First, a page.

He gave us cryonics, separated the Splendid Splinter’s head from his bat, inspired Woody Allen (“Sleeper“), and now seems to have shuffled off this mortal coil.
I know I shouldn’t make light of anyone’s passing, but this is just too rich.
“Life is better than death, healthy is better than sick, and immortality might be worth the trouble.” I don’t disagree. It might be.
It might also be more sensible to recognize our personal mortality as a small but crucial part of the much larger and more enlivening story of life on the grand scale, at the species and cosmic level where death and life are yin and yang. It’s really not all about me, or you, or her. It’s about us, about we who’ve been privileged against all odds to wake up in the universe and begin to sniff around, we who have a golden opportunity to prepare our immediate successors for their own moment of lucidity and aspiration.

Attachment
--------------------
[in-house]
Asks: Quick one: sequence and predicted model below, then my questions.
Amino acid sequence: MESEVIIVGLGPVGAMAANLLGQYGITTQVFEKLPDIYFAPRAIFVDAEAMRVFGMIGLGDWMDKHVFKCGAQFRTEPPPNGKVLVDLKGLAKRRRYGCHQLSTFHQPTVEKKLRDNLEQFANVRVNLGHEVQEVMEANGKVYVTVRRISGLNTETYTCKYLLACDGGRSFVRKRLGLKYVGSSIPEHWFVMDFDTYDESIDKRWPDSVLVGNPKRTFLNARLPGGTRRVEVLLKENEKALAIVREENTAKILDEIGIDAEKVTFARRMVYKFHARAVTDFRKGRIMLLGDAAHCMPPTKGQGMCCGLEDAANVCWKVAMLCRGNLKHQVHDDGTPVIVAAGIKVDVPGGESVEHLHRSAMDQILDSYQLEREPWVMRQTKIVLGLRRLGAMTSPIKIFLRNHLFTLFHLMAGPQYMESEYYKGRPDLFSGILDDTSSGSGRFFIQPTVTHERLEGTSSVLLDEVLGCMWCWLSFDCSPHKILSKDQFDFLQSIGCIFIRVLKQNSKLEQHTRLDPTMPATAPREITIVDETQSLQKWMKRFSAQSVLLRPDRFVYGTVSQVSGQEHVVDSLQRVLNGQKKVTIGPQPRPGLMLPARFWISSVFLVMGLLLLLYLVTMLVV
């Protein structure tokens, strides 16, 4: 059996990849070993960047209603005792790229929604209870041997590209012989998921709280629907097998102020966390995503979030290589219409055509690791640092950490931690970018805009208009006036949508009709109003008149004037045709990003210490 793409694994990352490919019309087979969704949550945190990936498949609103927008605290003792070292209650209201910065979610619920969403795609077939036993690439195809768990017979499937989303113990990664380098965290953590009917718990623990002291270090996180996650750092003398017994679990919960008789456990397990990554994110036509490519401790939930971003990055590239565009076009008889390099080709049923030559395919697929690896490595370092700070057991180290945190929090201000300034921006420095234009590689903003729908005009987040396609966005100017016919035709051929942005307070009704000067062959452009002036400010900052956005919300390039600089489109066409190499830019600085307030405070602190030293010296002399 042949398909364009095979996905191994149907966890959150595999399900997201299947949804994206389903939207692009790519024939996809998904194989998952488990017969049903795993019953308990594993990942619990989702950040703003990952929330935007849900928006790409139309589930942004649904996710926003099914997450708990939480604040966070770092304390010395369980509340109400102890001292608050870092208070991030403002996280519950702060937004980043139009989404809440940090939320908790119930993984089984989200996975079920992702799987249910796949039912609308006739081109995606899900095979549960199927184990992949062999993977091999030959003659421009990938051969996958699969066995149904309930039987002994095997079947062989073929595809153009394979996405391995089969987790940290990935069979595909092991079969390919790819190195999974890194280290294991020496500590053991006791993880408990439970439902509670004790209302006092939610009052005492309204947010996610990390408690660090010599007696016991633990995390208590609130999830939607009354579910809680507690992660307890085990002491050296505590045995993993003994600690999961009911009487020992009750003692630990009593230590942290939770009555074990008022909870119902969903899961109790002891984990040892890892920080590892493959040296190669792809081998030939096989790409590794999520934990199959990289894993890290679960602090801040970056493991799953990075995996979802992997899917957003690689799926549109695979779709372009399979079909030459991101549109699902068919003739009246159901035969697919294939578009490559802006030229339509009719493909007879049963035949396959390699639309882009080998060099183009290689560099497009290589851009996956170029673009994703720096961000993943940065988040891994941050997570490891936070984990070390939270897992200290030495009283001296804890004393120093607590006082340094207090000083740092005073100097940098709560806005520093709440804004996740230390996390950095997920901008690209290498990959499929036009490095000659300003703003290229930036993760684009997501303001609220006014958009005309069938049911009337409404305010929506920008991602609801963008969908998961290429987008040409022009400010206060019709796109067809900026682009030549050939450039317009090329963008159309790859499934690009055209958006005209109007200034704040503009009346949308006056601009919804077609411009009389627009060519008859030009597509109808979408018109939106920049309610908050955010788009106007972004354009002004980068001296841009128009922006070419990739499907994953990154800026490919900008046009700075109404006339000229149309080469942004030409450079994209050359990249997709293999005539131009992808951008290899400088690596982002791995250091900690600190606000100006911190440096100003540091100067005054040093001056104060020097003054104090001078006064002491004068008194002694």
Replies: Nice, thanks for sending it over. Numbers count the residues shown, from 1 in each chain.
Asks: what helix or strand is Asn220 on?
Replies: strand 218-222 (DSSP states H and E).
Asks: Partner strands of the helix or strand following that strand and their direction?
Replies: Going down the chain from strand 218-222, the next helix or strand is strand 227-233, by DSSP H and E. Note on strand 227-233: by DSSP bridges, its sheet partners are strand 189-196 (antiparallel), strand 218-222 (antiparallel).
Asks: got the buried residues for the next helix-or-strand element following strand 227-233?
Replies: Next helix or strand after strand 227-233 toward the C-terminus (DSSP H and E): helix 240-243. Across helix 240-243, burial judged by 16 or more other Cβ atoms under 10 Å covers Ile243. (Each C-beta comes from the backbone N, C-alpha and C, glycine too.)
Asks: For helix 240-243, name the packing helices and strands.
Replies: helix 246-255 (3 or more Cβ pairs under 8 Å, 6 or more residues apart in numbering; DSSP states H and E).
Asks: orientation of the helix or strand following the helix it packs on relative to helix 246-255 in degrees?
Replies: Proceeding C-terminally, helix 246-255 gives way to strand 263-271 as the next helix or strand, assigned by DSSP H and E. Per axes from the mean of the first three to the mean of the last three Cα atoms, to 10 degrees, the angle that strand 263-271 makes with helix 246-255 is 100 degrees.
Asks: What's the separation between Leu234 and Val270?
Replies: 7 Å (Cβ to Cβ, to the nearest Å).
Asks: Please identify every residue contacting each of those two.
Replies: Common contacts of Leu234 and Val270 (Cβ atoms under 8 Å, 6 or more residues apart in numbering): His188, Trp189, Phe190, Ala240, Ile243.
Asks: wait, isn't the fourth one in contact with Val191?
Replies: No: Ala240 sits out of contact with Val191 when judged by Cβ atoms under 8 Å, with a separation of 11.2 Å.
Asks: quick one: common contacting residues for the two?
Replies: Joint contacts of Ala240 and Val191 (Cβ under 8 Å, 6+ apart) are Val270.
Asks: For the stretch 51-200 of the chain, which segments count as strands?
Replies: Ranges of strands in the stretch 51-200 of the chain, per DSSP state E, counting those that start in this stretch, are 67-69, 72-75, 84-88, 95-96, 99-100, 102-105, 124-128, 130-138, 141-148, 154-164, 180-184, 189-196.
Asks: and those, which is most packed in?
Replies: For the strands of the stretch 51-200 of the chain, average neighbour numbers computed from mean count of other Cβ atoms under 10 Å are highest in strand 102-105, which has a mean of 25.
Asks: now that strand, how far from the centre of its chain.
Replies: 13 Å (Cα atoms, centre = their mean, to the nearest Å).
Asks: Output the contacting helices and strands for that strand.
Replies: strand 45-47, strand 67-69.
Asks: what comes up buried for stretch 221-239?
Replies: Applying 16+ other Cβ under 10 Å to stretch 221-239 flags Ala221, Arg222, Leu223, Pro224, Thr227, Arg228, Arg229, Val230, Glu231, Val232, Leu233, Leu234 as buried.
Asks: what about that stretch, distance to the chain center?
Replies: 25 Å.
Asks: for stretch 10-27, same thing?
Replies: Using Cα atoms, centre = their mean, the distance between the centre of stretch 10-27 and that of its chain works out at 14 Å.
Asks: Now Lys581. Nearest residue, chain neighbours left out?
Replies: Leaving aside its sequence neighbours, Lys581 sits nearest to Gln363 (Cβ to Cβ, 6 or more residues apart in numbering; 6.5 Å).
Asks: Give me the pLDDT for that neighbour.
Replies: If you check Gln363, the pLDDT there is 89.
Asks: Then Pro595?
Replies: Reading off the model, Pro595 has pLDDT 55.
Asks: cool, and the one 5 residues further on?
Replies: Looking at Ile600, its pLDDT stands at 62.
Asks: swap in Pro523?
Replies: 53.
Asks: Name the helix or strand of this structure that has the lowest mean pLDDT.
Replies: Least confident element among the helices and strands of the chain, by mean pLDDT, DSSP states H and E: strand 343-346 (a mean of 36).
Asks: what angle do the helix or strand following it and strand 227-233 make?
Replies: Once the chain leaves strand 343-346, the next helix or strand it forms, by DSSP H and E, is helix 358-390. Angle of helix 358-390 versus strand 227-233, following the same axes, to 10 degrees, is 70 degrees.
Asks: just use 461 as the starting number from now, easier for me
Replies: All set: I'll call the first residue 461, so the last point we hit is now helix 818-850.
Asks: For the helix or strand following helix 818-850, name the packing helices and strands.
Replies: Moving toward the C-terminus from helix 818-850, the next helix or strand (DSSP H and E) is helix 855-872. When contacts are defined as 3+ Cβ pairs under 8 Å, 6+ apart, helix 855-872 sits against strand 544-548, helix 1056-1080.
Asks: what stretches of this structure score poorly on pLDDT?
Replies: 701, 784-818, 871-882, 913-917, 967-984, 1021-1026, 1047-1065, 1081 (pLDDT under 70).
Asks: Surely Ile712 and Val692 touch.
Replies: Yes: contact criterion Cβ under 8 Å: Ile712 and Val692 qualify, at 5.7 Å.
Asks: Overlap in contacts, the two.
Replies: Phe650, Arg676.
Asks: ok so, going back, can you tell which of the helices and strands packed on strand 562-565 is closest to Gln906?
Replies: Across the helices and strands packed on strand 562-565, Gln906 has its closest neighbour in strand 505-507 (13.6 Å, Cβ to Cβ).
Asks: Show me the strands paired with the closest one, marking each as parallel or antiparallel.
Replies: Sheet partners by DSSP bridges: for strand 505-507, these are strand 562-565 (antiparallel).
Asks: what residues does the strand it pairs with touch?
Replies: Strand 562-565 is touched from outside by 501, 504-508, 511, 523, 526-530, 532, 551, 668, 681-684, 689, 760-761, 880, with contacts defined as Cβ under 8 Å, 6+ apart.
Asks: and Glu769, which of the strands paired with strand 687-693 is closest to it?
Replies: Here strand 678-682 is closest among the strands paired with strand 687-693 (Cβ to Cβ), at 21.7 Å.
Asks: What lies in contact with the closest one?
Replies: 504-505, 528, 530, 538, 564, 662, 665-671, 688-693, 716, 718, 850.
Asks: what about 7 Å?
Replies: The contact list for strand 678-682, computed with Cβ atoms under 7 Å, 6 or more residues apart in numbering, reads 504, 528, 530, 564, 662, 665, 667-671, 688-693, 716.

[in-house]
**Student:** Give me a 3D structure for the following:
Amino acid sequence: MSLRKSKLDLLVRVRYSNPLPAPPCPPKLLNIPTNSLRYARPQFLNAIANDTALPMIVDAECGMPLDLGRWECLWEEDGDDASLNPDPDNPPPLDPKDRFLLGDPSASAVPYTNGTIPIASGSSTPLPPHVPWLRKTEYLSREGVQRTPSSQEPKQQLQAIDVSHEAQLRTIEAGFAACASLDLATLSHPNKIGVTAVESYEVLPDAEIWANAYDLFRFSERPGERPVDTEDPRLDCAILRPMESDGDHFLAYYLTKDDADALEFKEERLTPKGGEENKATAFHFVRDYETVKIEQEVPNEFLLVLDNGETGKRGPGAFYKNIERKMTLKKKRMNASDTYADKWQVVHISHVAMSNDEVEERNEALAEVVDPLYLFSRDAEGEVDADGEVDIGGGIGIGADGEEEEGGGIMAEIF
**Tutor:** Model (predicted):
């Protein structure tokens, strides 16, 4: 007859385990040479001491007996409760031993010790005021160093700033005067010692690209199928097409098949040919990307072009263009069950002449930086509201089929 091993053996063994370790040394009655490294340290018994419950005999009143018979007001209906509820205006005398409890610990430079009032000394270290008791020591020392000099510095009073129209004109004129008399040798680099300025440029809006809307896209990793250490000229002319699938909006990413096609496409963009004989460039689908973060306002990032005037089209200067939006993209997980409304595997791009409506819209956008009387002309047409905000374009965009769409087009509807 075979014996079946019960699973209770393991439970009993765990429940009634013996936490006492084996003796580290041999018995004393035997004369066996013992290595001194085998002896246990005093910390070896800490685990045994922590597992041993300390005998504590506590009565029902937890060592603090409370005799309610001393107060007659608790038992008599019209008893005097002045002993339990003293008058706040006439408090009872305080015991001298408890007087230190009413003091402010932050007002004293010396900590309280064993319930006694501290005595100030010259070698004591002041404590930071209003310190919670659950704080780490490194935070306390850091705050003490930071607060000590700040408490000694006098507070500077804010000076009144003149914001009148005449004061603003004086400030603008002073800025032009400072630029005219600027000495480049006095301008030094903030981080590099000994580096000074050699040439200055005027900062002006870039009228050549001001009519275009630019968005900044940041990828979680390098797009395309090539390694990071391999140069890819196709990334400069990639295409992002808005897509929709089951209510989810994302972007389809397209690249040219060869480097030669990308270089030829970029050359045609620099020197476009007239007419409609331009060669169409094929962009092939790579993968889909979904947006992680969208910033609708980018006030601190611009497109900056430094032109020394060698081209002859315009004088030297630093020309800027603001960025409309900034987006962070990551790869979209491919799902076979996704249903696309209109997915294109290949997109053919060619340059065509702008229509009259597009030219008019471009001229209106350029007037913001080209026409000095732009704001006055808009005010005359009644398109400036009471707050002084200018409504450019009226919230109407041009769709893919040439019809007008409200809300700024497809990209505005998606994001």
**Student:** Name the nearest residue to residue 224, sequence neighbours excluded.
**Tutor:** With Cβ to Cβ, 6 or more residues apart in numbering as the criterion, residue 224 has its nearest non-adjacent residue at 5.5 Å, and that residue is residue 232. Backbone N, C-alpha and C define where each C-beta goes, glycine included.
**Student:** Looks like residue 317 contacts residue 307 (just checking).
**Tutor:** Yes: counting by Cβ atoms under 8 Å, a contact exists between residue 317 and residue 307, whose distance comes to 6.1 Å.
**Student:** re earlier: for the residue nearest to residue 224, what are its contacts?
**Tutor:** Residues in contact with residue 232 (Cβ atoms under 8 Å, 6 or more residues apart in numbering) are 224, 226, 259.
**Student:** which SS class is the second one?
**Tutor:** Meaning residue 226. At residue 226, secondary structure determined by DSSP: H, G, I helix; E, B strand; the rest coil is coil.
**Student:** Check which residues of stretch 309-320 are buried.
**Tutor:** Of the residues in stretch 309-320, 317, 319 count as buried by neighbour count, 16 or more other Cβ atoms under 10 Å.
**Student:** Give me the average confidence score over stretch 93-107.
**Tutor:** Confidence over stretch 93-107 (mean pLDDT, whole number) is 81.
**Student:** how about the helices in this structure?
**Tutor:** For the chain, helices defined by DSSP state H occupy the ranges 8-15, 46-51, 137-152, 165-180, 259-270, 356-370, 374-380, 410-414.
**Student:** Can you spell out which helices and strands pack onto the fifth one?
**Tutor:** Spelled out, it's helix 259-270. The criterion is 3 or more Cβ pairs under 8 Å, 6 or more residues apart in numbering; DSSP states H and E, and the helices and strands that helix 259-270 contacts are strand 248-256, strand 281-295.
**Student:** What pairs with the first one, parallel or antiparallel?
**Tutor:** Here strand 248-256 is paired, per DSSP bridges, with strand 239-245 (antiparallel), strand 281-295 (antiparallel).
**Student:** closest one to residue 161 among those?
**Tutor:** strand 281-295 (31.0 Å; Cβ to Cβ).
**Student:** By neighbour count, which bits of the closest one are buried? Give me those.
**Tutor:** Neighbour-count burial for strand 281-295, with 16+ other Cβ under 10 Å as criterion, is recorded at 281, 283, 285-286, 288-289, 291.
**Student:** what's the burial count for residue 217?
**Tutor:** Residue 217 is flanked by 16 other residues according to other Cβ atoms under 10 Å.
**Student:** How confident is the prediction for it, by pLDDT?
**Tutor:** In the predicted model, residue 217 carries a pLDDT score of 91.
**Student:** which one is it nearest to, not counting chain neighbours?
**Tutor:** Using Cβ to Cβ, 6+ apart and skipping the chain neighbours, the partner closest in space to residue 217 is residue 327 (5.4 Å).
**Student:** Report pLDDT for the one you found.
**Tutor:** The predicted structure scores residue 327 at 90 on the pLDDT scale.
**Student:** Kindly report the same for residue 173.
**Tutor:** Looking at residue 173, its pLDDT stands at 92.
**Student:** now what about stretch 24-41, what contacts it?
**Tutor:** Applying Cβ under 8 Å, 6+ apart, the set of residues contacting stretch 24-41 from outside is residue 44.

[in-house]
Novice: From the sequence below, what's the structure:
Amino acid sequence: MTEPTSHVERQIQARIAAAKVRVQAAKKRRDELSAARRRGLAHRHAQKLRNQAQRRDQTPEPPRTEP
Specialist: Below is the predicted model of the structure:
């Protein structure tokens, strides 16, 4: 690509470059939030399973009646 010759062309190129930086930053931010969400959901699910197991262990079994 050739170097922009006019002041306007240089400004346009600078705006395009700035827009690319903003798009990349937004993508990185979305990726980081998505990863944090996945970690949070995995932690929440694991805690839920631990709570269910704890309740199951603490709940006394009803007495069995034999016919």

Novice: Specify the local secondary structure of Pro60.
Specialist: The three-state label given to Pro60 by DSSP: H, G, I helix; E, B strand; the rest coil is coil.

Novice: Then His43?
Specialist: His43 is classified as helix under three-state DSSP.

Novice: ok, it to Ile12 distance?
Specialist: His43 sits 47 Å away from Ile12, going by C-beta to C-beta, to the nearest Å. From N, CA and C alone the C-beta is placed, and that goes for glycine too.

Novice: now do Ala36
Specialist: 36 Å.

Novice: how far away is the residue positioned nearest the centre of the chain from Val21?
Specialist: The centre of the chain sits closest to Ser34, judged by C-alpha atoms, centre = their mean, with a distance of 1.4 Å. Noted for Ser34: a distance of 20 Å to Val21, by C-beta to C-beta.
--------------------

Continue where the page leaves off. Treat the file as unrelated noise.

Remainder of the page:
Links in a chain, we are. Not a chain dangling from a hook in a meat locker, but a chain of genes and dreams stretching beyond every perceptible horizon.
Still, I’m entirely with Mr. Ettinger in his lust for more life. Give me more experience, please. “So when I come back I’d like to try skiing,” and a few dozen other risky ventures. I’d like to meet my great-great-great… grandchildren. I’d like to know how the story turns out.
Older Daughter said last night she’s miffed that there’s this great, vast universe out there and she can’t reach it. I know what she means, and I think I know what Robert Ettinger wanted. But the thing is, we can reach it. What else is an expanded and evolving cranial capacity for, besides foraging and fending off predators more efficiently, if not to dream?
As she and Dumbledore and Emily Dickinson remind me, just because something’s in your head doesn’t mean it’s not real. The brain is wider than the sky and warmer than a deep freeze. It’s a pretty good time machine and rocket ship too.